and how secure their communications need to be. All of these issues can affect
your choice of device and network/carrier. For instance, if your applications are highly complex or require a high
level of security, you may need to purchase devices with greater processing
Q: What are your five most
valuable lessons from your tenure at Noblestar Systems?
A. I learned a lot from my
tenure at Noblestar – I worked with a great group of people that provided the
highest quality of consulting to their clients. One of the most important
lessons I learned there was how to be a leader. The CEO of Noblestar, Paul
Opalack, whom I reported to directly, served as a great mentor for me.
While at Noblestar, I also
got the opportunity to live in Europe where I was charged with managing the
acquisition of several companies in the span of nearly three years. When you do
that, people look to you for guidance and the assurance that their lives, their
careers and their mortgage payments are not going to be in jeopardy. In this
situation, I learned that it’s impossible to keep everyone happy because – as
part of any acquisition – you have to change policies. But you can do your best
to be fair and lead by example. Then people will respect you and accept your
As a leader, one of the
things that I’m most proud of is the fact that of the people that I led at
Noblestar, at least a dozen of them are now entrepreneurs themselves. They’re
like my kids – they call me when they accomplish something new in their
company. And that’s been really rewarding.
Another great thing I
learned at Noblestar was the power of loyalty, which is more valuable than an
MBA or any degree. Loyal employees are more valuable than gold. Loyal employees
work really hard and will do anything that you ask. They are like family. It’s
an atmosphere that I’ve really worked hard to create here at Defywire.
Yet another lesson I took
away from my tenure at Noblestar is the importance of communications –
communicating with employees, with the customer and your investors. It’s
critical to communicate with anyone who has a role in making your company a
Of course, part of that good
communication is setting expectations so that everyone is on the same page. I
guess I could list that as my fourth lesson.
And my final lesson is one
that I think every successful business person learns in their professional life
– that’s the importance of customer service. You have to deliver what a
customer wants no matter what it is. If the customer expects you to wear purple
on a Friday afternoon and you wear red instead, you did not meet their
expectations. And that’s unacceptable.
Q: Your father a respected
teacher for 38 years, your sister a nurse, and your training is as a CPA. What
are the milestones and events that trigger a Harley Davidson aficionado,
formerly at Deloitte & Touche, to become a visionary, entrepreneur, and
star in IT?
A: Believe it or not, there
is a common theme here. My family taught me that you have to start out with a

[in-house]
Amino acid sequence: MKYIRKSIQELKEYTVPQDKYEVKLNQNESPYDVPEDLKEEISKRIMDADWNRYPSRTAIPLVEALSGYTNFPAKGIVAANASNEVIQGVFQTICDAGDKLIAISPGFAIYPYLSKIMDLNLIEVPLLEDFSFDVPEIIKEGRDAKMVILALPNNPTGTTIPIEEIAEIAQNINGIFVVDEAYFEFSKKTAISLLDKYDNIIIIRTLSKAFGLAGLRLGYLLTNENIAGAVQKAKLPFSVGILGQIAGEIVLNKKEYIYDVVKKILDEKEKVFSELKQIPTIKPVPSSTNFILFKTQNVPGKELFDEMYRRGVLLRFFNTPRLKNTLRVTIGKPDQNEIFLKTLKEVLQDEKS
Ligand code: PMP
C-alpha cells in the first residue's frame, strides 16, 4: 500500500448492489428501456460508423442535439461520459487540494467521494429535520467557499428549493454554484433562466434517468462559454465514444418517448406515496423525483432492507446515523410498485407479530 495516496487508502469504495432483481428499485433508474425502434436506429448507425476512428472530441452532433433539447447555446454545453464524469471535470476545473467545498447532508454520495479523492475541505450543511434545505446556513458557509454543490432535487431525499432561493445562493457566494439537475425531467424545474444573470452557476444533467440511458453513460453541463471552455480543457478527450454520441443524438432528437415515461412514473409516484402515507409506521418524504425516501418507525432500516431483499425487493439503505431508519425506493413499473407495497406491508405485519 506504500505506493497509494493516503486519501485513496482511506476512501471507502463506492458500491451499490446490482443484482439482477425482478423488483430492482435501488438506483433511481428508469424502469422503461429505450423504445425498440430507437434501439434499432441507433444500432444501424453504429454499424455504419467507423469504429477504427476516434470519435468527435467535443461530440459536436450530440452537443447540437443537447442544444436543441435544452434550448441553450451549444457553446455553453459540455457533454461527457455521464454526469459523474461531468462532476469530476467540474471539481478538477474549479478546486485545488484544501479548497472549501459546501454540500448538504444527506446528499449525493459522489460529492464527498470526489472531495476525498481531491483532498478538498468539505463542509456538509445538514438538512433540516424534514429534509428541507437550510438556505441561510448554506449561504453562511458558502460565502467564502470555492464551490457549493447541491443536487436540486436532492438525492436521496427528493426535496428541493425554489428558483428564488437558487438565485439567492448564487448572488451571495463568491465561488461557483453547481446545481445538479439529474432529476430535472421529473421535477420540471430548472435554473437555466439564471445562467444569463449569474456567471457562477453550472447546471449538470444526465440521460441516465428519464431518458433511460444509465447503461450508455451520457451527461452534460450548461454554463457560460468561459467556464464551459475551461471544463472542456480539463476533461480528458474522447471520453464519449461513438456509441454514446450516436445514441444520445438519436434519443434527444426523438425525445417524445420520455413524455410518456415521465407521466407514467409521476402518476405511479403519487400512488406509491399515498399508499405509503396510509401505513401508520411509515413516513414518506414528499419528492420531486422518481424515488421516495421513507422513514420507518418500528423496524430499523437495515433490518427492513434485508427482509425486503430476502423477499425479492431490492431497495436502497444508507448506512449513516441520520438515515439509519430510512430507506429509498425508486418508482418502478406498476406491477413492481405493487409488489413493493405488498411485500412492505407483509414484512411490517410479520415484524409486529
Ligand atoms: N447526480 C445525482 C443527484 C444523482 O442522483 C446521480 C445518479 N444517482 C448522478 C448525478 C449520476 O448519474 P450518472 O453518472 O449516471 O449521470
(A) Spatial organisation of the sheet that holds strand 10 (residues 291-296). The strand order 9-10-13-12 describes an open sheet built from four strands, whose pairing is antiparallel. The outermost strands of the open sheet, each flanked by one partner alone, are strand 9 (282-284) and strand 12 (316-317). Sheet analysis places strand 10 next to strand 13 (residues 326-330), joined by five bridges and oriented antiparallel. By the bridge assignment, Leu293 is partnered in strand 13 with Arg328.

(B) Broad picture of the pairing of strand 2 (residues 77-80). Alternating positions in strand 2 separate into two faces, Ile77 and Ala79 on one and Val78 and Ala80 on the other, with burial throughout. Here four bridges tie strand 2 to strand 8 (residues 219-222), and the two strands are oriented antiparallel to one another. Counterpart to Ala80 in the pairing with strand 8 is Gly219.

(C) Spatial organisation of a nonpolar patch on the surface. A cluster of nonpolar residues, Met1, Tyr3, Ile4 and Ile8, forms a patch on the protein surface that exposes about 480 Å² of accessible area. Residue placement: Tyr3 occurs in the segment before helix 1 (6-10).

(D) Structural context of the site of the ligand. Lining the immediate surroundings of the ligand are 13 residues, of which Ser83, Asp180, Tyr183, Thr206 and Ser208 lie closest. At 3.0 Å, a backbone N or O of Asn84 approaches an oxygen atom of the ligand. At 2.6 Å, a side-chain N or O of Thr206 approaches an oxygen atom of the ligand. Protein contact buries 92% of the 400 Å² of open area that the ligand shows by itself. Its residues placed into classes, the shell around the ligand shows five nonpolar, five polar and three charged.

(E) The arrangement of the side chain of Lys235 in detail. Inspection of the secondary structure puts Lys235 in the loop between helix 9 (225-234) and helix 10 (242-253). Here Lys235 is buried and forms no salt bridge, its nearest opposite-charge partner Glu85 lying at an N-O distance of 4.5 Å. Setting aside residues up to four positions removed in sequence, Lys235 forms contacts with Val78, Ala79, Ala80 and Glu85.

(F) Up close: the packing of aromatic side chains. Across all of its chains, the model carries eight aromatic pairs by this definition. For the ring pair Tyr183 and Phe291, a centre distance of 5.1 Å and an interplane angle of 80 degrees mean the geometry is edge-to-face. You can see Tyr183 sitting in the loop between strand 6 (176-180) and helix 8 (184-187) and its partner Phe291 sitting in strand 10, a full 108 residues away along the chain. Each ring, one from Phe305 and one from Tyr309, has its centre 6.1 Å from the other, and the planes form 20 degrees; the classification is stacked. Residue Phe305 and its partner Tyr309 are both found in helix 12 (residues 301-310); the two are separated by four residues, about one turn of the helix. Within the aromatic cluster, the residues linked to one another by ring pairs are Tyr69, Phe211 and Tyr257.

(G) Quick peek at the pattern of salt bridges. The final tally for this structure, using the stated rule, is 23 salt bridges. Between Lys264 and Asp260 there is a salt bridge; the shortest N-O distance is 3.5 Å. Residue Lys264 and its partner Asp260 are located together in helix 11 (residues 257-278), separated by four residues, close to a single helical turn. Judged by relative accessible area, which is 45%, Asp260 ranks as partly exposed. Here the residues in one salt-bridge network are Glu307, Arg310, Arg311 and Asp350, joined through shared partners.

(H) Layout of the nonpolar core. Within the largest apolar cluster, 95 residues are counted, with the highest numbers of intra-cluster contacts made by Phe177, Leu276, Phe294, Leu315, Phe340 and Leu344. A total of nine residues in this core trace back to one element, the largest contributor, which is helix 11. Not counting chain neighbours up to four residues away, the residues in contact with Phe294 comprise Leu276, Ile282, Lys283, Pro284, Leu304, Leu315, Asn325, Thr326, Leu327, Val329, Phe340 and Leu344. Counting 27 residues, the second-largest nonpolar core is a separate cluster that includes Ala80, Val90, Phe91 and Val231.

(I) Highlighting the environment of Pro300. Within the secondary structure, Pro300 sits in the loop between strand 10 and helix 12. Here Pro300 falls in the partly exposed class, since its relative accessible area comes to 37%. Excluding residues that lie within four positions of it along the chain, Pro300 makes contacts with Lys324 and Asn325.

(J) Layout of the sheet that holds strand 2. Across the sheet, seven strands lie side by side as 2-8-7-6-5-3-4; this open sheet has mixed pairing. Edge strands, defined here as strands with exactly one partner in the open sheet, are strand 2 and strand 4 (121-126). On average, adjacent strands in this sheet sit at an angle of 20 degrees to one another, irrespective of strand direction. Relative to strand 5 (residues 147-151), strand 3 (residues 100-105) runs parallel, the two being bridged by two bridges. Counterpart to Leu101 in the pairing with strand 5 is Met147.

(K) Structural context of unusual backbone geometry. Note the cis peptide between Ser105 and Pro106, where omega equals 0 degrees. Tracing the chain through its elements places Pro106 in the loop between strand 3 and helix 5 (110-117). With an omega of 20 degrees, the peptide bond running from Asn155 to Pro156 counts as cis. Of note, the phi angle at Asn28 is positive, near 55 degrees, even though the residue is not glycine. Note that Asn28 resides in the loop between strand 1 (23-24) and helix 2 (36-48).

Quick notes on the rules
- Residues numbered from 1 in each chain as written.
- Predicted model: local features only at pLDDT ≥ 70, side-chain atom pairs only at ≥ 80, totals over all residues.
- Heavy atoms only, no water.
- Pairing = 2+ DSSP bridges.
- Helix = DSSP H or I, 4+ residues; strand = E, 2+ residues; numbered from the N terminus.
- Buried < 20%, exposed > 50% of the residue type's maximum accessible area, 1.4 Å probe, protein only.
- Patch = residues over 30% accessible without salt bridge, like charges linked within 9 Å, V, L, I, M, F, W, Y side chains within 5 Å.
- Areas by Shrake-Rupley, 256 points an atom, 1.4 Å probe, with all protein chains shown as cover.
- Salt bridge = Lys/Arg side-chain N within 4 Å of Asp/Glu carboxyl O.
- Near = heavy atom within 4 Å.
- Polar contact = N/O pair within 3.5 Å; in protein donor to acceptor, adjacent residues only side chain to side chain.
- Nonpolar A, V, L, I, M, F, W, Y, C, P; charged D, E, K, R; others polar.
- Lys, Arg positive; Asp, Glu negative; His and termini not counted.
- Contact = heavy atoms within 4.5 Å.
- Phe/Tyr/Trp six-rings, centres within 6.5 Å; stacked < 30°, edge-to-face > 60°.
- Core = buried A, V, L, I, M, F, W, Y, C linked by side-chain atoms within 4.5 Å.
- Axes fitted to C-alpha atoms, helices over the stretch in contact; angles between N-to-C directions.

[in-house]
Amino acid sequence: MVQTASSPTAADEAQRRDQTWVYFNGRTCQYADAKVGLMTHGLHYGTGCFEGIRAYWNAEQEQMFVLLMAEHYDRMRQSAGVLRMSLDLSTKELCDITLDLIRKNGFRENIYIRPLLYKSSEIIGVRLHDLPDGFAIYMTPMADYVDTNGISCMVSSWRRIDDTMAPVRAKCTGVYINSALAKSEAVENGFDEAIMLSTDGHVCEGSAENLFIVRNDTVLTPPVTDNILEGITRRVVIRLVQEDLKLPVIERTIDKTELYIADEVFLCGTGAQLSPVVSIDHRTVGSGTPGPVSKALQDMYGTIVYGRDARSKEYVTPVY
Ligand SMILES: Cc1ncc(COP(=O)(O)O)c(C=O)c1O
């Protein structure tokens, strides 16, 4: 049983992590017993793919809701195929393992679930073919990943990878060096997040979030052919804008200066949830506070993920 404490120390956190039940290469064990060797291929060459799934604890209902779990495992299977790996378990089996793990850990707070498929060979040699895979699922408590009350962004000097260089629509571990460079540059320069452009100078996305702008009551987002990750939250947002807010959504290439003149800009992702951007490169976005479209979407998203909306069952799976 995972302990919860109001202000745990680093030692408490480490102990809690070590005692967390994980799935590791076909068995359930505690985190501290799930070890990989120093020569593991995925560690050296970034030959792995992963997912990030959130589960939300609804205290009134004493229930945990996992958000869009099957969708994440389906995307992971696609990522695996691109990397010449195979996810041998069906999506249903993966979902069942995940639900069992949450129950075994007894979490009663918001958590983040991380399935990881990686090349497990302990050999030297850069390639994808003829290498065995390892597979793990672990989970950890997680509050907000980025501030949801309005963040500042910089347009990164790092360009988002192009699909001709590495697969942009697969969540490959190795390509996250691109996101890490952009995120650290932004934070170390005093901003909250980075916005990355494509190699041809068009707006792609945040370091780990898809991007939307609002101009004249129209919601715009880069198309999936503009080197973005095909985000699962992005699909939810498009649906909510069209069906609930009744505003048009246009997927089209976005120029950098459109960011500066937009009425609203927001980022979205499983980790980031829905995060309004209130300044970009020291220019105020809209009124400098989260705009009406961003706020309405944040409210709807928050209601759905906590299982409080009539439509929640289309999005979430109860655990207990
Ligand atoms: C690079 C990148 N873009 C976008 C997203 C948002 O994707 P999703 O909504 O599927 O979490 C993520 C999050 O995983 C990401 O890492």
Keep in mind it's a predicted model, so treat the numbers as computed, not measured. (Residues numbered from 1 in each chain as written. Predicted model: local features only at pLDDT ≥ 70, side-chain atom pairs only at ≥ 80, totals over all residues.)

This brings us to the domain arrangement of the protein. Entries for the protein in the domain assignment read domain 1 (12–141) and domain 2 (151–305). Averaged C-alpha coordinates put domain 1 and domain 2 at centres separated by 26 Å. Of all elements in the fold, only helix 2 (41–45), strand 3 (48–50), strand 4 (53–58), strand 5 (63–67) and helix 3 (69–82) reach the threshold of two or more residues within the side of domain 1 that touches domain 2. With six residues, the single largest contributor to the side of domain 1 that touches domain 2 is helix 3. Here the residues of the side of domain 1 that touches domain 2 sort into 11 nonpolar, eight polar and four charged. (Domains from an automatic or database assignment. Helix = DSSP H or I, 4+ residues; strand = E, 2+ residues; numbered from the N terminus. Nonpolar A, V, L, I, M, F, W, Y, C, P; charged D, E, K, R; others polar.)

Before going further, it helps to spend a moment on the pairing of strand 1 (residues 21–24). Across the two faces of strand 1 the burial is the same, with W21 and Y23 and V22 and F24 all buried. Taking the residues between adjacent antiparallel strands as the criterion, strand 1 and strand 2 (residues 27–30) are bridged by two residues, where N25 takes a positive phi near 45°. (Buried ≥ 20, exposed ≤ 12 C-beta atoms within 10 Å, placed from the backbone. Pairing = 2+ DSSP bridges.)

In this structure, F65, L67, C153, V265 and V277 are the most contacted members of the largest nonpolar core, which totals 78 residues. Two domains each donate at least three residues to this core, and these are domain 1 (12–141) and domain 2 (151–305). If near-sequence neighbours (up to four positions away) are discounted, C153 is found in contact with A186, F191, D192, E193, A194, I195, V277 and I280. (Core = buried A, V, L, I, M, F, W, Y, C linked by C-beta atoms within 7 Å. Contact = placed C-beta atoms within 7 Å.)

skill. For my father, it was teaching. For my sister, it was nursing. For me,
it was getting trained as a CPA. Then you build from there. As soon as I reach
one floor, I try to make it to the next level. You can’t let fear hold you
back. You might consider that my mantra in life – I simply do not fear failure.
Overcoming fear is the
reason that I ride a Harley Davidson today. My husband asked me to list one
thing that I was afraid of failing if I tried it. I told him that I would love
to ride a motorcycle, but that I was afraid I would not be able to do it.
Within a week, he had purchased lessons for me. And when I was convinced I
wouldn’t graduate from the lessons, he brought my kids and cheered me on until
I passed. He said that if I’m brave enough to run a company, I should be brave
enough to ride a Harley. And now I love it and wonder why I was ever concerned.
I think most people would accomplish more if they stopped worrying about
Q: With your successful
entrepreneurial insights, you are in an ideal position to provide a look into
the future. Provide forecasts in the short, medium, and long term of where this
is all heading.
A: At Defywire, we’ve
identified five key vertical markets where having access to information while
mobile provides a very distinct, very quantifiable competitive advantage in the
short term. The first is the transportation market, where package tracking is
now expected by clients. The second is warehouse management, where new
technologies like RFID are helping companies keep track of their inventory in
completely new ways. The third is what we call the “mobile guardian” market,
which encompasses everything from applications like our Fairfax County Public
Schools application to communications in hospitals. Then there’s the
traditional field service/customer relationship management area. Of course,
other markets can also benefit from mobility, but these are the vertical
markets where we see a strong return on investment today.
In the medium and long-term,
however, I really see wireless invading every aspect of our lives. Wireless is
just going to be everywhere – at every McDonald’s, at every Starbucks. The idea
of having data back at the corporate office will literally be a thing of the